November 5th, 2008
A 20-something reporter from Tennessee said she teared up after voting today. She said she was proud of our president — finally, for the first time in her adult life.
And as I drove to Oakland, it was obvious she wasn't the only one.
One city over, a crowd of people were counting down the seconds to 8:00, when results would be announced, at the Democratic Club in Alameda. But I walked in the door as it came up on the screen: Barack Obama was our next President. Everyone cheered. Several people wiped their eyes. My cell phone rang — it was my girlfriend — but I couldn't call her back, because cell phones stopped working everywhere, because everyone was already calling their friends with the news.
"President Obama," someone said. "I told you. President Obama."
"The whole country is calling each other."
"We did it."
"He's already won."
A black woman in a dirt-colored windbreaker watched to the left of me. She had a birth mark on her face, and her hair was pulled back in a frizzy pony tail. "I never had a doubt," she said. "I never had a doubt."
A young black boy smiled, held his arms over his head, and said "Yes we can."
"Yes we did," someone said.
"God bless America."
People were jumping up and down, and there was hugging. Most of the people in the room were white, and mostly young, but I saw an older blonde woman with a big necklace around her neck. She was tearing up. So was an older guy in a baseball cap. So was the woman in the pony tail who'd said "I never had a doubt." So was I.
At the side of the room was a smiling cut-out of Barack Obama. "California made him win," someone said. "California is what did it." A woman raised her fist over her head. "Obama, y'all!" On the street, I heard a stranger shouting "Obama. Whooo!" And then I left to drive to a celebration party at Everett and Jones, a big barbecue restaurant near Oakland's Jack London square.
At the restaurant, people had screamed when the victory was announced. A news crew filmed people jumping, hugging, waving flags, dancing, and weeping. "Thank you Jesus," the restaurant's owner said, over and over again, clapping her hands. "400 years! We won!"
"I wish my mother and father was here," another woman said. "My mother always worked at the polls, and she always told us to vote. And to believe in ourselves."
Near the restaurant, one street had been blocked off, where a band was performing. There were small balloons woven into an arc — red, white, and blue. Cars drove by honking. Even a truck honked its horn. One honking jeep drove by with two American flags. I heard later they were honking horns in Washington D.C., and in New York. All across America, horns are honking. Three hours later, I'd hear horns start honking again.
A black guy stood at the side of the street dangling an Obama t-shirt to the passing crowds. Later he started dancing — squatting and then kicking. I saw a black kid on his parents shoulders waving an American flag.
I had trouble finding parking, and the barbecue joint was so packed it was nearly impossible to move around. The TV showed a shot of Sarah Palin, and some people booed and held up downturned thumbs. We couldn't hear McCain's concession speech, but were only seeing his expression. Someone said that "He never had a chance."
I saw two black women leaving the crowd. Their eyes looked moist, and that made me mist up too. A young white woman from the Oakland Tribune asked me questions about the election — are you excited? What do you expect Obama to do? What's the first thing you're going to do tomorrow? I started to say that I'd watch everything tomorrow that I missed tonight — that it seemed sad to watch TV tonight when you could be out with the people. I told her I'd been there when they'd counted down to 8 o'clock, and when they'd said Obama was President. I choked up. She thanked me, and moved to someone else.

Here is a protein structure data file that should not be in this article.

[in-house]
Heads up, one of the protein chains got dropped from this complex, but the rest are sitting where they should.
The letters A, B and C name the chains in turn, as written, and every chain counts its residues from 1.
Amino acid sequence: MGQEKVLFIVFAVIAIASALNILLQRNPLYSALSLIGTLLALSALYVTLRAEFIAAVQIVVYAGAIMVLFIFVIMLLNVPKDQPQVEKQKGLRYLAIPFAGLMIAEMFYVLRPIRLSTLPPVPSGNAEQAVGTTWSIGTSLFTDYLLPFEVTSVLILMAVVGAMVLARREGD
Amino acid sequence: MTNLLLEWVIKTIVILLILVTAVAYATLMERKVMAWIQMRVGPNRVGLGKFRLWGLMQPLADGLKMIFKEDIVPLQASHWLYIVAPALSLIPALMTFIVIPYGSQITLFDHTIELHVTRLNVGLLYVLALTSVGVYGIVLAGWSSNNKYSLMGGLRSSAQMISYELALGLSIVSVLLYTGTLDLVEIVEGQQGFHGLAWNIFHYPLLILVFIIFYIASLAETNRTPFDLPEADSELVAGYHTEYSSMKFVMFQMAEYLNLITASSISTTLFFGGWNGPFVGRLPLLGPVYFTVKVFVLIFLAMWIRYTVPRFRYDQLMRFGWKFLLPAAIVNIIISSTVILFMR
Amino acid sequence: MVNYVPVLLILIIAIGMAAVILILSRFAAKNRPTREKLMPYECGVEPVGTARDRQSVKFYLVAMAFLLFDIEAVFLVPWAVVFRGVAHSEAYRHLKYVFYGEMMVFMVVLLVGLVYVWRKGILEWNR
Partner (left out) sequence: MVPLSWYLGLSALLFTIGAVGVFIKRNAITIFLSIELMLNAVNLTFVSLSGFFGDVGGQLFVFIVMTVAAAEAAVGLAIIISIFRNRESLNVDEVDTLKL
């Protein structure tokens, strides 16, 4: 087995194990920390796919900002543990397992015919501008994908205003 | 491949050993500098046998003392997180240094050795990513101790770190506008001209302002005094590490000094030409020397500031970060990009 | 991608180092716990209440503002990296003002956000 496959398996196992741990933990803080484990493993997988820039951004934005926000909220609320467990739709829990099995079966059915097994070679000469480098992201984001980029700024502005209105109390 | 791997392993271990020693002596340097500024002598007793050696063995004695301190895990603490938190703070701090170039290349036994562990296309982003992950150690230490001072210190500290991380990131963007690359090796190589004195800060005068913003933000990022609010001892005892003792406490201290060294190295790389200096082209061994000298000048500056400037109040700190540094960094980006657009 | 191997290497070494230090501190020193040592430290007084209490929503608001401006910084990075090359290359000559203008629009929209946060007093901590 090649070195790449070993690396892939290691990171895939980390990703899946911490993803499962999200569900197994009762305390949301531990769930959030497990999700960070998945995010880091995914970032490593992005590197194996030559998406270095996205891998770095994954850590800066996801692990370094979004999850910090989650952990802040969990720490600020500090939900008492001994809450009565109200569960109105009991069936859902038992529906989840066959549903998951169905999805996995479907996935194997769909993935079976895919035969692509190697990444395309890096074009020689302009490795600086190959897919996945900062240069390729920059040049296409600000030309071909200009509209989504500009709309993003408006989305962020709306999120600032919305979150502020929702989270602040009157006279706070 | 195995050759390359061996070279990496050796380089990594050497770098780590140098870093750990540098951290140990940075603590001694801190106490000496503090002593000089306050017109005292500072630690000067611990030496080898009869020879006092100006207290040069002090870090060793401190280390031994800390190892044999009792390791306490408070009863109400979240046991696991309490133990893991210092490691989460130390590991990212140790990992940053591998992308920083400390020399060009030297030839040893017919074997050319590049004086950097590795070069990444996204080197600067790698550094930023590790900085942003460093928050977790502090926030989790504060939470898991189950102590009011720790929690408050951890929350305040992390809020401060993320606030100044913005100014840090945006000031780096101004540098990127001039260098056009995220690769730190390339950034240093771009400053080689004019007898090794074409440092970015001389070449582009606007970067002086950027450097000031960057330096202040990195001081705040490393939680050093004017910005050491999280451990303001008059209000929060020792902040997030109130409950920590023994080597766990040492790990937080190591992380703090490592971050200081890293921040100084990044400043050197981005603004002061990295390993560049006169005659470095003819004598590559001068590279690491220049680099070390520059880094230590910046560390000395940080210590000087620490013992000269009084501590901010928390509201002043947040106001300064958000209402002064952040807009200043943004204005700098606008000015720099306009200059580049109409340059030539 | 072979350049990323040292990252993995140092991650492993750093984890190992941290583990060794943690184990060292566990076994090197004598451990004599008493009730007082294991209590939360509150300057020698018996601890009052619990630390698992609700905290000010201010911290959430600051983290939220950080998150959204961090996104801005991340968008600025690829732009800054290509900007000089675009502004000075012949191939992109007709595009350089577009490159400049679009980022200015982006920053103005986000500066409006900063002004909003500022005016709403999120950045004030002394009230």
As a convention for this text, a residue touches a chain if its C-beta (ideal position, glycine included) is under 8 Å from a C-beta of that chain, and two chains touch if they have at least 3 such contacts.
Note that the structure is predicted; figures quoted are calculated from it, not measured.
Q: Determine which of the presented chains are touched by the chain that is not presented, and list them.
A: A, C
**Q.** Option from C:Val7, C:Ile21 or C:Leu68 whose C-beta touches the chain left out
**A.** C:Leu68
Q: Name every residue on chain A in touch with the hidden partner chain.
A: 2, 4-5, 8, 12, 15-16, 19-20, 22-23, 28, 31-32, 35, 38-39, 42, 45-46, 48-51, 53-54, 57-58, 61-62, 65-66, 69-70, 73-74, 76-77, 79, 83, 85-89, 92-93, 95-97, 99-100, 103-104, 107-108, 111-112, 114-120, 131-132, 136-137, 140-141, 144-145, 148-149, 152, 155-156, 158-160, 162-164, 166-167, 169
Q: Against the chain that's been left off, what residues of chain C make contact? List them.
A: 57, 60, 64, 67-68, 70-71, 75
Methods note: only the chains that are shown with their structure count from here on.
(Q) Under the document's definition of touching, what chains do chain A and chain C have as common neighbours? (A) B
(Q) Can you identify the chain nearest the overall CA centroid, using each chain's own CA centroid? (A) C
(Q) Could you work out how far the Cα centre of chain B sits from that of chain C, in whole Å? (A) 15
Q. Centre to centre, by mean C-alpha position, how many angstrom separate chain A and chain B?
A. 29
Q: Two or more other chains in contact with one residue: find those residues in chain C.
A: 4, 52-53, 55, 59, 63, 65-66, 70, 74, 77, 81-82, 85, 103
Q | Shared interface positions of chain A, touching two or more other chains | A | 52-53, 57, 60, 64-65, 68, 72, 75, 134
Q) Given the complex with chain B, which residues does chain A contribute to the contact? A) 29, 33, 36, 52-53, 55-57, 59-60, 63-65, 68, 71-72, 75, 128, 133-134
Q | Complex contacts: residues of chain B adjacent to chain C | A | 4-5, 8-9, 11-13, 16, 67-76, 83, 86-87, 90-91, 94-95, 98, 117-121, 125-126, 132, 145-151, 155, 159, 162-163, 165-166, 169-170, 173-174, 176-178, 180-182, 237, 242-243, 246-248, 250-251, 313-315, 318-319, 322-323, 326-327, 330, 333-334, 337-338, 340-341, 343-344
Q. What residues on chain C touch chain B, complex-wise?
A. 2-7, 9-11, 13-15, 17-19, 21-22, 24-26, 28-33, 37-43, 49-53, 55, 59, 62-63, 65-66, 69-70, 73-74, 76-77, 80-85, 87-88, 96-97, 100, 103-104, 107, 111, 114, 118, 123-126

"This is history right now, Oakland," a woman said from the stage. "This is what we do."
Everywhere I looked I saw cell phones and PDAs. Everyone was still calling everyone else. I found the line for barbecued food — but it was long. After I'd waited for five minutes, I saw the man in front of me greeted by one of his friends. They were both black, and the friend said "I'm so proud. This has been a long, long coming." He didn't say "time" — just a long, long coming.
A reporter from the Oakland Tribune was interviewing a grey-haired black man behind me. Five minutes later, they were still talking.
A lot of the crowd were proudly wearing Obama t-shirts. I saw an "Obama on the cover of Time magazine" t-shirt. And an "Obama on the cover of Ebony" t-shirt. One shirt just said "Black man running, and it ain't from the police."
There was a bright light in the sky. It took me several seconds before I realized it was a helicopter sweeping the crowd. Everyone cheered and waved. Three different people held their hands over their heads, making the "O" sign.
A younger man with dreadlocks and a goatee said "I never really thought I'd see something like this happen in my lifetime." A local news crew filmed him saying Obama had the support not only of African Americans, but everybody. "So America can be what it's destined to be —a melting pot."
A woman from the restaurant was cooking dozens of big dinner sausages on a wide outdoor grill, wearing a sequined "Uncle Sam" hat. The band sang a funk song.
"I thank my lucky stars
I got you in my arms."
I heard the reporter from the Tribune say he was out of ink.
Yes we can.
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